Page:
Now let's take a look at the advanced version, which also begins with plank pose. During a sun salutation flow, advanced students will sometimes jump back from utanasana straight into chaturanga. In that case, skip the plank pose.

To prepare to lower from plank, shift forward onto your tip toes.

Chaturanga Dandasana

Chaturanga Dandasana
Ann Pizer

Exhale and bend your elbows straight back to lower to chaturanga dandasana. Your body is in one straight line and your shoulders should be no lower than your elbows. It's a tough position to hold but try not to rush on to the next pose.

Upward Facing Dog

Upward Facing Dog - Urdhva Mukha Svanasana
Ann Pizer

Inhale and straighten your arms, drop your hips, and roll over the toes to the tops of your feet into upward facing dog. You can flip the feet one at a time if that works better for you. Press into your hands and feet to keep your thighs lifted off the floor. Keep your shoulders moving away from your ears.

Downward Facing Dog

Downward Facing Dog - Adho Mukha Svanasana
Ann Pizer

Exhale, roll over the toes and shift your hips up and back to downward facing dog.

Do the version of the vinyasa that you are most comfortable with. Even if you have a very competent chaturanga, it's nice to warm up with a few rounds of knees. chest, chin at the beginning to class.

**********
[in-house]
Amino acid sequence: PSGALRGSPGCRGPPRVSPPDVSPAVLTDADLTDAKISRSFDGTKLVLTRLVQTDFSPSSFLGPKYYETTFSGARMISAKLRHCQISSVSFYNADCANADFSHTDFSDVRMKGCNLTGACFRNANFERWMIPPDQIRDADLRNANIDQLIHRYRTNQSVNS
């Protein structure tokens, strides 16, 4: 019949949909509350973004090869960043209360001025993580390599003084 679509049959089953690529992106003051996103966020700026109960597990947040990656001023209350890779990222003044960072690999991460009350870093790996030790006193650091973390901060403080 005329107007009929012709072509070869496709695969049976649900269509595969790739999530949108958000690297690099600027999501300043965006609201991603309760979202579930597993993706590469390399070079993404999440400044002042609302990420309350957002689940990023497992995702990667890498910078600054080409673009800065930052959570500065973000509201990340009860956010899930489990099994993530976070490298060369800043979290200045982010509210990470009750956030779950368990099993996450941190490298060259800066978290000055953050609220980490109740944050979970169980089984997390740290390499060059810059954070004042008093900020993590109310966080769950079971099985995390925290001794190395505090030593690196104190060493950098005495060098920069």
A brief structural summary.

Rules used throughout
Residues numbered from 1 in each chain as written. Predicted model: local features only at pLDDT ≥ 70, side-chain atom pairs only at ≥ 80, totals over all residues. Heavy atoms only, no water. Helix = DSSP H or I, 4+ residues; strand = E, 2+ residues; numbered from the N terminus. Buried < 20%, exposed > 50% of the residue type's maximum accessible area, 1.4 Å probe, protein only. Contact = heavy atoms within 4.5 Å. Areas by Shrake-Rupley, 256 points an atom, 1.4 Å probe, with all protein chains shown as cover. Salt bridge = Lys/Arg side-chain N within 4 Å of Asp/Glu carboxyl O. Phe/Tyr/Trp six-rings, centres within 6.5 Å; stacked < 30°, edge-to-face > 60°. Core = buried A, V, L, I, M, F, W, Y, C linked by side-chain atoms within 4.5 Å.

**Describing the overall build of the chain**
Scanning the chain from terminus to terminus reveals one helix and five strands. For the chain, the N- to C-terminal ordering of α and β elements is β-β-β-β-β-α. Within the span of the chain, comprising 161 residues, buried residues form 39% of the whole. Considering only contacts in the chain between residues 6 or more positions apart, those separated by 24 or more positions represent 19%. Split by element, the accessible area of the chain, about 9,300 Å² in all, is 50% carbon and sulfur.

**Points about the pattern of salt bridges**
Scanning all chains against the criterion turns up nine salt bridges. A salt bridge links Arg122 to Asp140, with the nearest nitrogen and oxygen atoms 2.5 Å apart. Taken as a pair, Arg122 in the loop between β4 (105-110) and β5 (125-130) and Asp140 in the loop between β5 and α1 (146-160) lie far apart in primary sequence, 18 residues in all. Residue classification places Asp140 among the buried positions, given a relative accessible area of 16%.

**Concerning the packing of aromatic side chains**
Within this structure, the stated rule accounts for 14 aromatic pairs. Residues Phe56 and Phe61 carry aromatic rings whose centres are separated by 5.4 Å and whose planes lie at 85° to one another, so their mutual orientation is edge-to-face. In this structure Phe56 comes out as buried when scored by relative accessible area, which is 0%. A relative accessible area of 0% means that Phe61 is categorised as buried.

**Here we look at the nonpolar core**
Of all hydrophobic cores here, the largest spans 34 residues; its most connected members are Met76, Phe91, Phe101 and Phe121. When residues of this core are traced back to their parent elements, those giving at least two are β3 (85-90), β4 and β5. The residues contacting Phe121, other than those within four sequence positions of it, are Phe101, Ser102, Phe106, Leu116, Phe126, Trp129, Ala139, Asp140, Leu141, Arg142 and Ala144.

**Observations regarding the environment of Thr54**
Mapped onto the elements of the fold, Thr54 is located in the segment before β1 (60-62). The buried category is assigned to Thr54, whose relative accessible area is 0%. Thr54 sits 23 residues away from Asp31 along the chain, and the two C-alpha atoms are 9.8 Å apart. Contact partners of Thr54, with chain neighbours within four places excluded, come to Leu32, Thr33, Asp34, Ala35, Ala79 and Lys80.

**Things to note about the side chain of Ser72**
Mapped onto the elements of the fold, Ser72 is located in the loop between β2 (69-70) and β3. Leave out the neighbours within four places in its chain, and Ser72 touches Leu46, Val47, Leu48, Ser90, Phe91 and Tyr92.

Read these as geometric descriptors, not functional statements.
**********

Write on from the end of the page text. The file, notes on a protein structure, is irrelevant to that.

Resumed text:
Some flow classes have a lot of vinyasas. If you get tired and your form starts to slip, go back to the beginners' version or skip the vinyasa altogether. You can stay in plank or downward facing dog while you wait. Chaturanga is a tricky pose and injuries are more likely to happen when you're tired, so play it safe.

Is Flow Yoga for You?

Vinyasa’s strength is in its diversity. If you appreciate having things a little loose and unpredictable and like to keep moving, this style is definitely worth a try.

In most cases, there is no single philosophy, rulebook, or sequence that teachers must follow, so there is a lot of room for individual personalities and quirks to come through. This makes it essential that you find a teacher you enjoy and can relate to. If your first flow class doesn’t rock your world, keep trying different teachers until you find one that's a better fit.